All in all, I'm very much enamored with my new wrapper.  As soon as I've got the trim finished, it will become my everyday around-the-house robe (so much cooler than modern ones!) as well as something I may wear to more rustic events.  If you're in need of a wrapper, I highly recommend the LM #118 pattern.  For more examples of what wrappers can look like, check out JoAnn's Wrappers Pinterest board.

So now that I've shown you my wrapper, what all do I have under there?  Let us peel away the layers one by one...

I used Truly Victorian's free pattern for my petticoat.  I made it with cotton organdy, which gives it loads of body and floof.  It's a total PITA to iron smooth after washing though!

I'm still getting tons of use out of my custom drafted hoop skirt.  It's survived two seasons of dancing at Dickens Fair, as well as several events.  I love the perfect bell shape it has!  For instructions on how to make your own , see my post on drafting a round hoop skirt to whatever shape and dimensions you wish, as well as the post on how to sew up your custom made hoop pattern.  If you make your own, I'd love to see pictures!

And still there's more...  Under all that there's a chemise, drawers and corset.  You've seen the blue corset in previous posts, and in all honesty it looks much better on a body than on my poor mannequin, who doesn't have the shape to fill it out.  The drawers are my reproduction of an antique pair.  Don't worry, I haven't forgotten my promise to post the pattern!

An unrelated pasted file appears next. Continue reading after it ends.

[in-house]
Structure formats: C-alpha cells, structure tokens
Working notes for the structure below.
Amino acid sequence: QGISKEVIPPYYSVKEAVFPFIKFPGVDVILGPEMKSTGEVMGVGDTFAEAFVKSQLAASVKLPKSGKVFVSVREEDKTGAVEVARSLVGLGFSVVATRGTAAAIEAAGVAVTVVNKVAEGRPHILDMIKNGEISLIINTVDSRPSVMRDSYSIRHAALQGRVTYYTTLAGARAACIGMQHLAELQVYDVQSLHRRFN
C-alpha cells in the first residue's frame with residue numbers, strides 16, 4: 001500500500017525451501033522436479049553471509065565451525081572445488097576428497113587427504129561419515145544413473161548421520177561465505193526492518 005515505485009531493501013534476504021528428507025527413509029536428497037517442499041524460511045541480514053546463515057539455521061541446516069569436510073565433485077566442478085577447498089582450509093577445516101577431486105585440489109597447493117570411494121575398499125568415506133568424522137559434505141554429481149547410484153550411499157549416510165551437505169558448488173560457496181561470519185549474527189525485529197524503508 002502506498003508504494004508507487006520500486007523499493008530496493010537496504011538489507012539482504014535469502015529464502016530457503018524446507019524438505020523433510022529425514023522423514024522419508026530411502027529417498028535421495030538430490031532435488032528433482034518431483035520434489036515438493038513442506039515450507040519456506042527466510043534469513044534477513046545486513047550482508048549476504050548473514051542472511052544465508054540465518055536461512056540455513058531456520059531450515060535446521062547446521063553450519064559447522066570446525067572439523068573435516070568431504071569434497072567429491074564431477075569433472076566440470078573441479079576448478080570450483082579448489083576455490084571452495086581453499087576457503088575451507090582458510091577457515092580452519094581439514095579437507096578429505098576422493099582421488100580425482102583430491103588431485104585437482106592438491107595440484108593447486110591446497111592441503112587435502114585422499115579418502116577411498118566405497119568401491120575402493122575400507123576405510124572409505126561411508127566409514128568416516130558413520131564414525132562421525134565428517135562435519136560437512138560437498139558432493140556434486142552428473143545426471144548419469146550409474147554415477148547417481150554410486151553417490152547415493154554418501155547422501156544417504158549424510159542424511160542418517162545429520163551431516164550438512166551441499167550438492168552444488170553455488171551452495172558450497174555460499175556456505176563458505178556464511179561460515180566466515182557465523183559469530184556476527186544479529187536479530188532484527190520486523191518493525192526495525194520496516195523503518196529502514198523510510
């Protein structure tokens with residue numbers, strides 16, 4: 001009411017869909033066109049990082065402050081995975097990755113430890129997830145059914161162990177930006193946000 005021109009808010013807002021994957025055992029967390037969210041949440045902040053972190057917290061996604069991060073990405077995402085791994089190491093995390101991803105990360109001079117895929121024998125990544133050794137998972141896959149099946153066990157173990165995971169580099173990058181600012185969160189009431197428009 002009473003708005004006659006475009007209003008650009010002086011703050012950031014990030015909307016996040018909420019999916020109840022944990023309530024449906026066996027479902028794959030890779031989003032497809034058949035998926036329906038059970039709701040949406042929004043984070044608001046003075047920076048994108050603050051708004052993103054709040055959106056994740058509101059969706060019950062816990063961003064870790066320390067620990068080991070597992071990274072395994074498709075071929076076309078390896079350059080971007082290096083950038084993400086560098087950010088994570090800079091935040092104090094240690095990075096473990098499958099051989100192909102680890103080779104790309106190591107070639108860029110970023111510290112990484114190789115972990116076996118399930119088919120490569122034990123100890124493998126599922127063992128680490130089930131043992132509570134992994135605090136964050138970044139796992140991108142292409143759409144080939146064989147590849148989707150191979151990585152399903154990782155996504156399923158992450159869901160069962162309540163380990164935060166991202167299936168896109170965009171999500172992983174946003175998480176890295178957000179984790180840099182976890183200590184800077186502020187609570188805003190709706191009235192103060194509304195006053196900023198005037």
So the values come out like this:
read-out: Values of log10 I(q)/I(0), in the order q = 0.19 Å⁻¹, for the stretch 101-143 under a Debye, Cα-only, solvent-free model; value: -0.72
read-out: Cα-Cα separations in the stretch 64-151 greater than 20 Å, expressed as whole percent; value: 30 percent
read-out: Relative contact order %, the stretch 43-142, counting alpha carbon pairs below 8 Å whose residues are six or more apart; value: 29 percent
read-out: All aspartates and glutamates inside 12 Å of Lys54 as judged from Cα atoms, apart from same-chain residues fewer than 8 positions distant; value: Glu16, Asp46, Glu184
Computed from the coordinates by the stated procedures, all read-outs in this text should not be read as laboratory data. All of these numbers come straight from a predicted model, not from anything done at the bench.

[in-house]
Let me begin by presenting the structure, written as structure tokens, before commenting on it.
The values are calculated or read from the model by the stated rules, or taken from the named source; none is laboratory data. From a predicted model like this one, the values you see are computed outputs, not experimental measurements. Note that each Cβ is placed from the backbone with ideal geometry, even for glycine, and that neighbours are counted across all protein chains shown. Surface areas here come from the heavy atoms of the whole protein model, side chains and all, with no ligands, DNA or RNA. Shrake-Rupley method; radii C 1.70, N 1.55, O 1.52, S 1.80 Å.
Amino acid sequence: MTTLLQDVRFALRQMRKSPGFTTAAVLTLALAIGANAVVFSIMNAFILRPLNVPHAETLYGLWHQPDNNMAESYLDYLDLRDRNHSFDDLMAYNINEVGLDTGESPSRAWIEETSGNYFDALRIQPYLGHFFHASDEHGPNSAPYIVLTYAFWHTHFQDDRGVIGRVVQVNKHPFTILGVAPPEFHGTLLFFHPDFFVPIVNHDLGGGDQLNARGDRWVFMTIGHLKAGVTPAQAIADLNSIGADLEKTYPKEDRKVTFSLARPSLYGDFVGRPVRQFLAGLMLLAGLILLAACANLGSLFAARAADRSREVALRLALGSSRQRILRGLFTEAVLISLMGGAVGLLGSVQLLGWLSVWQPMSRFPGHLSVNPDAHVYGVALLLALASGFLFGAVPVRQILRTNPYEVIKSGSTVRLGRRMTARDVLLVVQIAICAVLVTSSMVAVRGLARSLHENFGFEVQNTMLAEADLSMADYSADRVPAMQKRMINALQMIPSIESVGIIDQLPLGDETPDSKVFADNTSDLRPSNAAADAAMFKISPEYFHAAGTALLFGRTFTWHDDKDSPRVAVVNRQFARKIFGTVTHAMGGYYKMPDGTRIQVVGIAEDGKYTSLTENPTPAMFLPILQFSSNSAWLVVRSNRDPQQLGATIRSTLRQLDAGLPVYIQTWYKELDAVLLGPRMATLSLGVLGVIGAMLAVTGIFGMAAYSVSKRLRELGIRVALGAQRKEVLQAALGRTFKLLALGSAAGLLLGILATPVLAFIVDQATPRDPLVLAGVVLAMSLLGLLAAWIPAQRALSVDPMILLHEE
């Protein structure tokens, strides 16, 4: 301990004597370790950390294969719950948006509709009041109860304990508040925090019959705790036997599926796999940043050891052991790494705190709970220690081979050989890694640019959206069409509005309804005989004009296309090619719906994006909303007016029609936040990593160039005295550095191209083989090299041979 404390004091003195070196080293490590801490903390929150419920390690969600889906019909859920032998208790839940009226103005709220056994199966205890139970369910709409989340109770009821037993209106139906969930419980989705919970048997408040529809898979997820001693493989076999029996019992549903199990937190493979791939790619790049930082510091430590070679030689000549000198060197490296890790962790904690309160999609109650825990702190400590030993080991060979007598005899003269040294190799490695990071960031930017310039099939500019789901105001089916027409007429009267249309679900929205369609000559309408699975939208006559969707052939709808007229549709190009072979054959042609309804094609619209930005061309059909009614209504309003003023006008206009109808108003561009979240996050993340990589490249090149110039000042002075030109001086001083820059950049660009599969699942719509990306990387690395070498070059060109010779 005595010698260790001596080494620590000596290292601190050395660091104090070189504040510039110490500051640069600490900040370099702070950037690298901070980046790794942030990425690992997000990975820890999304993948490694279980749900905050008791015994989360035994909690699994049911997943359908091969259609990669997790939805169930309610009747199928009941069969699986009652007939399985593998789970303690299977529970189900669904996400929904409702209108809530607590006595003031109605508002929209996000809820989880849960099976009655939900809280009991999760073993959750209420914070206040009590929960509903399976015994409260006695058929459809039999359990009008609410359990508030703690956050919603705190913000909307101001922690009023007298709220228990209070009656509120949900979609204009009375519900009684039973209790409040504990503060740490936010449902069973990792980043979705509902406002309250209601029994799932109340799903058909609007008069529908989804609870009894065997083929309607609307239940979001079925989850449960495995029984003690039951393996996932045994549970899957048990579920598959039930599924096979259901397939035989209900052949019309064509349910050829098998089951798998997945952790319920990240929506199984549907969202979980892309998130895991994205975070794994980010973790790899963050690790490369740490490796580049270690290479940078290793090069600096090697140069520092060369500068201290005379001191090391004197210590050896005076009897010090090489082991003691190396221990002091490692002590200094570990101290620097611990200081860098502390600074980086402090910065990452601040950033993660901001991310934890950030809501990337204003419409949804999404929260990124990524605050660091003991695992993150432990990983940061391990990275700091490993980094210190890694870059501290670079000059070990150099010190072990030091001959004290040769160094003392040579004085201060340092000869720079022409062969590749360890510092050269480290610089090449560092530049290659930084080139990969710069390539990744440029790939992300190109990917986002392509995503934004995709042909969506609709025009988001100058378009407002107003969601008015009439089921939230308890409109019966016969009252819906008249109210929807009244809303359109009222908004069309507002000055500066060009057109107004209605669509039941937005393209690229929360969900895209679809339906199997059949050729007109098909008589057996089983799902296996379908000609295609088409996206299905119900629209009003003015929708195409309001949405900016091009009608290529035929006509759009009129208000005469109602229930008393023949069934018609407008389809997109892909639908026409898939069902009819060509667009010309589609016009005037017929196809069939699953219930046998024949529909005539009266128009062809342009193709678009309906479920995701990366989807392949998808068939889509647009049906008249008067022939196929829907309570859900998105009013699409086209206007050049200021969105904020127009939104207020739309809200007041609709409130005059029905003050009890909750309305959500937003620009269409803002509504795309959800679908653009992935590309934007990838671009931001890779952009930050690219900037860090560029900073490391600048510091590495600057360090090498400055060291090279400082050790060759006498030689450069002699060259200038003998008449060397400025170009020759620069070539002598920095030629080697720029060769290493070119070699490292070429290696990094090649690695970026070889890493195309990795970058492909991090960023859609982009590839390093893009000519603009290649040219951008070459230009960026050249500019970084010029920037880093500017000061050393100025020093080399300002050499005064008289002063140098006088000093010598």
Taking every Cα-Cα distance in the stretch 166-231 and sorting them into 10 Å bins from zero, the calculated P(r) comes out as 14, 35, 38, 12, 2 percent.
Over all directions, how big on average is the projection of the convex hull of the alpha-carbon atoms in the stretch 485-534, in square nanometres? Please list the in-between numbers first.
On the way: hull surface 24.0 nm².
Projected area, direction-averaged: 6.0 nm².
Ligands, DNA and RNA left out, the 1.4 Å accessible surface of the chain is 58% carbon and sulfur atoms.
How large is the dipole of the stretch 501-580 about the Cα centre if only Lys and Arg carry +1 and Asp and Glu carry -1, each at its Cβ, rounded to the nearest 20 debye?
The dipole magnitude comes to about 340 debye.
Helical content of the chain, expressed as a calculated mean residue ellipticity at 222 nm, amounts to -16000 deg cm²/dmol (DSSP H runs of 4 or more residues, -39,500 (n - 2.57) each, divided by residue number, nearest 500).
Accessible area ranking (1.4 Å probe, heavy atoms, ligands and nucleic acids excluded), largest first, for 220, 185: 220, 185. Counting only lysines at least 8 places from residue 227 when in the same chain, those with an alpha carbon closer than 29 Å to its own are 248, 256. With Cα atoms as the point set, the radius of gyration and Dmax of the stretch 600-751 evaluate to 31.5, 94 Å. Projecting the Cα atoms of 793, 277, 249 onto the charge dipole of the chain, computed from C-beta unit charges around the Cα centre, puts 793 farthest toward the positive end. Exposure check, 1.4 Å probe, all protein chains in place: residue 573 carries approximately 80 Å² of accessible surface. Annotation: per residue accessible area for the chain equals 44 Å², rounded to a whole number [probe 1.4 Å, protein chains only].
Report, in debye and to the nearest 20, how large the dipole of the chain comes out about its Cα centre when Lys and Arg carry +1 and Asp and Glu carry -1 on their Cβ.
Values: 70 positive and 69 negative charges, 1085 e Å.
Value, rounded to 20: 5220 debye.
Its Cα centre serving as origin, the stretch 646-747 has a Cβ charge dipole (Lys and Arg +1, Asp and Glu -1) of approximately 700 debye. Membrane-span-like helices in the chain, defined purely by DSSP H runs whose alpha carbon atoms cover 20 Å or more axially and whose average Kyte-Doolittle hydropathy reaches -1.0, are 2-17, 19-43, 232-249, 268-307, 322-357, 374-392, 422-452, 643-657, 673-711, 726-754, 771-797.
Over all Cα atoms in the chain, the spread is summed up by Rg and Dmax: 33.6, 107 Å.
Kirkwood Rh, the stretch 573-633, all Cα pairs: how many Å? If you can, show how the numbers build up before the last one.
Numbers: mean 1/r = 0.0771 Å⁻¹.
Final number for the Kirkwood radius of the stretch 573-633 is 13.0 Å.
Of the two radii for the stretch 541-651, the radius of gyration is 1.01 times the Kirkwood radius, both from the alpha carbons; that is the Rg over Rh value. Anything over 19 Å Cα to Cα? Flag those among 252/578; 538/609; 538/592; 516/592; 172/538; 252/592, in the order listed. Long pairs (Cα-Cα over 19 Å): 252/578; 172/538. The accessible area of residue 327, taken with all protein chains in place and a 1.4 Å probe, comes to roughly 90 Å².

The chemise is one I made up based off of a mishmash of patterns.  It has a squarish neckline, underarm gussets and lots of tiny pintucks.  Sometimes I wish I wasn't so in love with pintucks, because they're so difficult to do.

That's all the undies I have to show you today.  But not to worry, the future holds lots of bustles and late Victorian underpinnings, plus some Regency underthings as well!

April 20, 2013

Baby Got Back

Add a little junk in your trunk (or a lot!)!  Come make your own adjustable lobster tail bustle with me on May 11th!
Baby got back.  LOTS of back.
Those fabulously over the top bustle era dresses are simply gorgeous, but having the proper support structure underneath is absolutely essential.  If you've been wanting to tackle such a unique undergarment, you're in luck.  The GBACG puts on some fabulous classes and events, and they've asked me to teach their upcoming bustle workshop.  Now you won't have to wrangle that hoop wire into submission alone!

You'll make a fully adjustable lobster tail bustle that's just the right size for you from start to finish.  Along the way I'll show you lots of tips and tricks, plus fun variations to make your bustle unique.  This tail uses spring steel hoop boning and can easily stand up to heavy skirts.  When not being worn, it collapses flat so it doesn't take up space in your closet.  Space in this class is limited, so snap up your seat today!

April 15, 2013

But What Has It Got On Its Feetses?

What with injuries, work and general craziness I haven't been sewing a lot lately, but I have been planning up a storm!  I've got nearly all the pieces of Boyfriend's Regency wardrobe in progress, and most of the fabric and patterns for the basics of my wardrobe have been gathered and are waiting patiently in my sewing room for me.  Most everything, that is, except for shoes.

Trust Lauren to have perfect timing!  She's done it again with a beautiful pair of dyeable satin Regency slippers, complete with interior lacing loops so that they can be worn with ribbons.  She even recorded a fabulous little video showing how to dye them.

I own four pairs of American Duchess shoes (soon to be six!  *happydance*) and I can vouch for their comfort and quality.  Hell, my Astorias have braved mud and rough trails.  So get your preorder in now, and poke around the American Duchess store to see what else you've been missing.

Now the only question is... what color do I dye them?!?!